ERIC Number: ED305787
Record Type: RIE
Publication Date: 1988-Aug-13
Reference Count: N/A
Programming for Giftedness: Reexamining the Paradigm.
Treffinger, Donald J.
The central premise underlying gifted education is that gifted students can and should be distinguished or differentiated from the larger, non-gifted population, and once identified, should receive specialized services. This paradigm is strongly rooted in the psychometric tradition and draws upon the "medical model" by defining characteristics or "symptoms" of giftedness and developing quantitative indices to precisely identify those students with that "condition." The current paradigm is inadequate in three areas: (1) dimensions of ability are not fixed and predetermined in any person over time and circumstances, and cannot be predicted comprehensively by traditional intelligence tests; (2) identification practices are arbitrary and contrived; and (3) a single, fixed program is provided for gifted students, relying on a resource room model and thus not offering opportunities for all students to learn and apply powerful learning and thinking tools. The traditional paradigm needs to give way to a broader, dynamic, growth-oriented view of the nature of giftedness. Identification should become more flexible, inclusive, and instruction-oriented. Schools should consider a broad range of instructional responses, designed to challenge all students to a greater degree. Implications of the new paradigm for research are outlined. (JDD)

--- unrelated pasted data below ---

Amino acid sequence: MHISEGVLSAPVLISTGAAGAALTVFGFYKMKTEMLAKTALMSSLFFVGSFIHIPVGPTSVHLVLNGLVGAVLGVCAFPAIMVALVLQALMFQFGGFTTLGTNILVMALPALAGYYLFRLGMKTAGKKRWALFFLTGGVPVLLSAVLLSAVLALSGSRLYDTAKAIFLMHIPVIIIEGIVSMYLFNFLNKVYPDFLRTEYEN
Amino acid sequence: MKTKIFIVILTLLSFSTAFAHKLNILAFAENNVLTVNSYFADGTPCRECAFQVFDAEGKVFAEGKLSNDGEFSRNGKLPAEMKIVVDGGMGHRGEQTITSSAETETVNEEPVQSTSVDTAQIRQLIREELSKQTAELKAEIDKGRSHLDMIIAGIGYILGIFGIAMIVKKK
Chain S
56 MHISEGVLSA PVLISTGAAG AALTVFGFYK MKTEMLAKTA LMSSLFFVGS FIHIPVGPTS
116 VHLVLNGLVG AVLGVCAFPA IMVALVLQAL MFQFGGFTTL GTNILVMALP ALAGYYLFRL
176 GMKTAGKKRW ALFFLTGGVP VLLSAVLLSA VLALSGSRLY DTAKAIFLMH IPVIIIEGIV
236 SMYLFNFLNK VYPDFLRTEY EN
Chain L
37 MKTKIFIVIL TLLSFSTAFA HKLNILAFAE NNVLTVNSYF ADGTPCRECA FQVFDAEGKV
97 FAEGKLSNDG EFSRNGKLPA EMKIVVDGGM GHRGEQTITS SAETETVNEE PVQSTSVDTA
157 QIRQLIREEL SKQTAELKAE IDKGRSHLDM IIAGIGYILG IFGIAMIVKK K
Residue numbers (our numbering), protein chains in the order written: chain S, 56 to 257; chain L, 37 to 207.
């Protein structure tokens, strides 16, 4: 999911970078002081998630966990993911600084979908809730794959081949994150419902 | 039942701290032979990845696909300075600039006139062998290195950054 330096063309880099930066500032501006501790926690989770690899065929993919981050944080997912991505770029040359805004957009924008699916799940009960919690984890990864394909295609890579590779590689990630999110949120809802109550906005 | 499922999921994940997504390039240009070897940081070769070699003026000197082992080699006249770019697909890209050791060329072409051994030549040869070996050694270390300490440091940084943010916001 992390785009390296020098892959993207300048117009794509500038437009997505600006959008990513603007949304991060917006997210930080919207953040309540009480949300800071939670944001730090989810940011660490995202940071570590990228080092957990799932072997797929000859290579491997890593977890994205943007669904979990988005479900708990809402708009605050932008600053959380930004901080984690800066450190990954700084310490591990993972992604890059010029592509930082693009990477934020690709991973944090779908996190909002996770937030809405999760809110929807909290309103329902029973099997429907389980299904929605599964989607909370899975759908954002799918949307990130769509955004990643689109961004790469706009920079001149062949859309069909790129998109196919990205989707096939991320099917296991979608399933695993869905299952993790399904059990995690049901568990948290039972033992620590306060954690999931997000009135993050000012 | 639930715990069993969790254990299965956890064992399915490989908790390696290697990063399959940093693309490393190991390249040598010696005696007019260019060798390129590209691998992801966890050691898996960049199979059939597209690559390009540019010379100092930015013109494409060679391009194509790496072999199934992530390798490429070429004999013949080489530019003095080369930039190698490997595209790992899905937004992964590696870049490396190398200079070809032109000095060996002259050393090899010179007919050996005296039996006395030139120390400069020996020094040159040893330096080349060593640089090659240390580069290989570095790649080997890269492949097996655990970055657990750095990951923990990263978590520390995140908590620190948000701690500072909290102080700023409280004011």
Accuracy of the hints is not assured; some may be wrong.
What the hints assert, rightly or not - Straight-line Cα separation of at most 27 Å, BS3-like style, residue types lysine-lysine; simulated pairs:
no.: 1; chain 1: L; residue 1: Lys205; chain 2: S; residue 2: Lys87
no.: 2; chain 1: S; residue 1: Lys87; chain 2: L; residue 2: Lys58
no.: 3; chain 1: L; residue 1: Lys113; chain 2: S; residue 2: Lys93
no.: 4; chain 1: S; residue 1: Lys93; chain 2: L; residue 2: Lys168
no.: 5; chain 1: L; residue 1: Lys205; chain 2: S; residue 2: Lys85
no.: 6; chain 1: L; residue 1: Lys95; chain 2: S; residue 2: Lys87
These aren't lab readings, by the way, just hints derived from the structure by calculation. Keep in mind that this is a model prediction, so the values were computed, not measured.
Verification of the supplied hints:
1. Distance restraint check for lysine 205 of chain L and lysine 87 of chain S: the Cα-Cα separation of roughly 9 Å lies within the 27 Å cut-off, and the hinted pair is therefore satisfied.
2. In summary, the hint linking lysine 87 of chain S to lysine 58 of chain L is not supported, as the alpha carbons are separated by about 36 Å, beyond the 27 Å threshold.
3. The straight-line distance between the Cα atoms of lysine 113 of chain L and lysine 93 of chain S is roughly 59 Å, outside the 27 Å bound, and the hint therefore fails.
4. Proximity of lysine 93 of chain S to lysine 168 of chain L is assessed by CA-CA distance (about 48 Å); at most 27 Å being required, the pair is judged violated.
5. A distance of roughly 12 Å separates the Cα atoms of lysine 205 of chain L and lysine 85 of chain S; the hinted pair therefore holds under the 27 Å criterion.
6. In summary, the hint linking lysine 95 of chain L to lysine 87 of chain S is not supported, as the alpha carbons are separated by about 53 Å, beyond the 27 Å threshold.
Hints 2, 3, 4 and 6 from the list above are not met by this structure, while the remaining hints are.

Publication Type: Speeches/Meeting Papers; Opinion Papers
Education Level: N/A
Authoring Institution: N/A
Note: Paper presented at the Annual Convention of the American Psychological Association (96th, Atlanta, GA, August 13, 1988).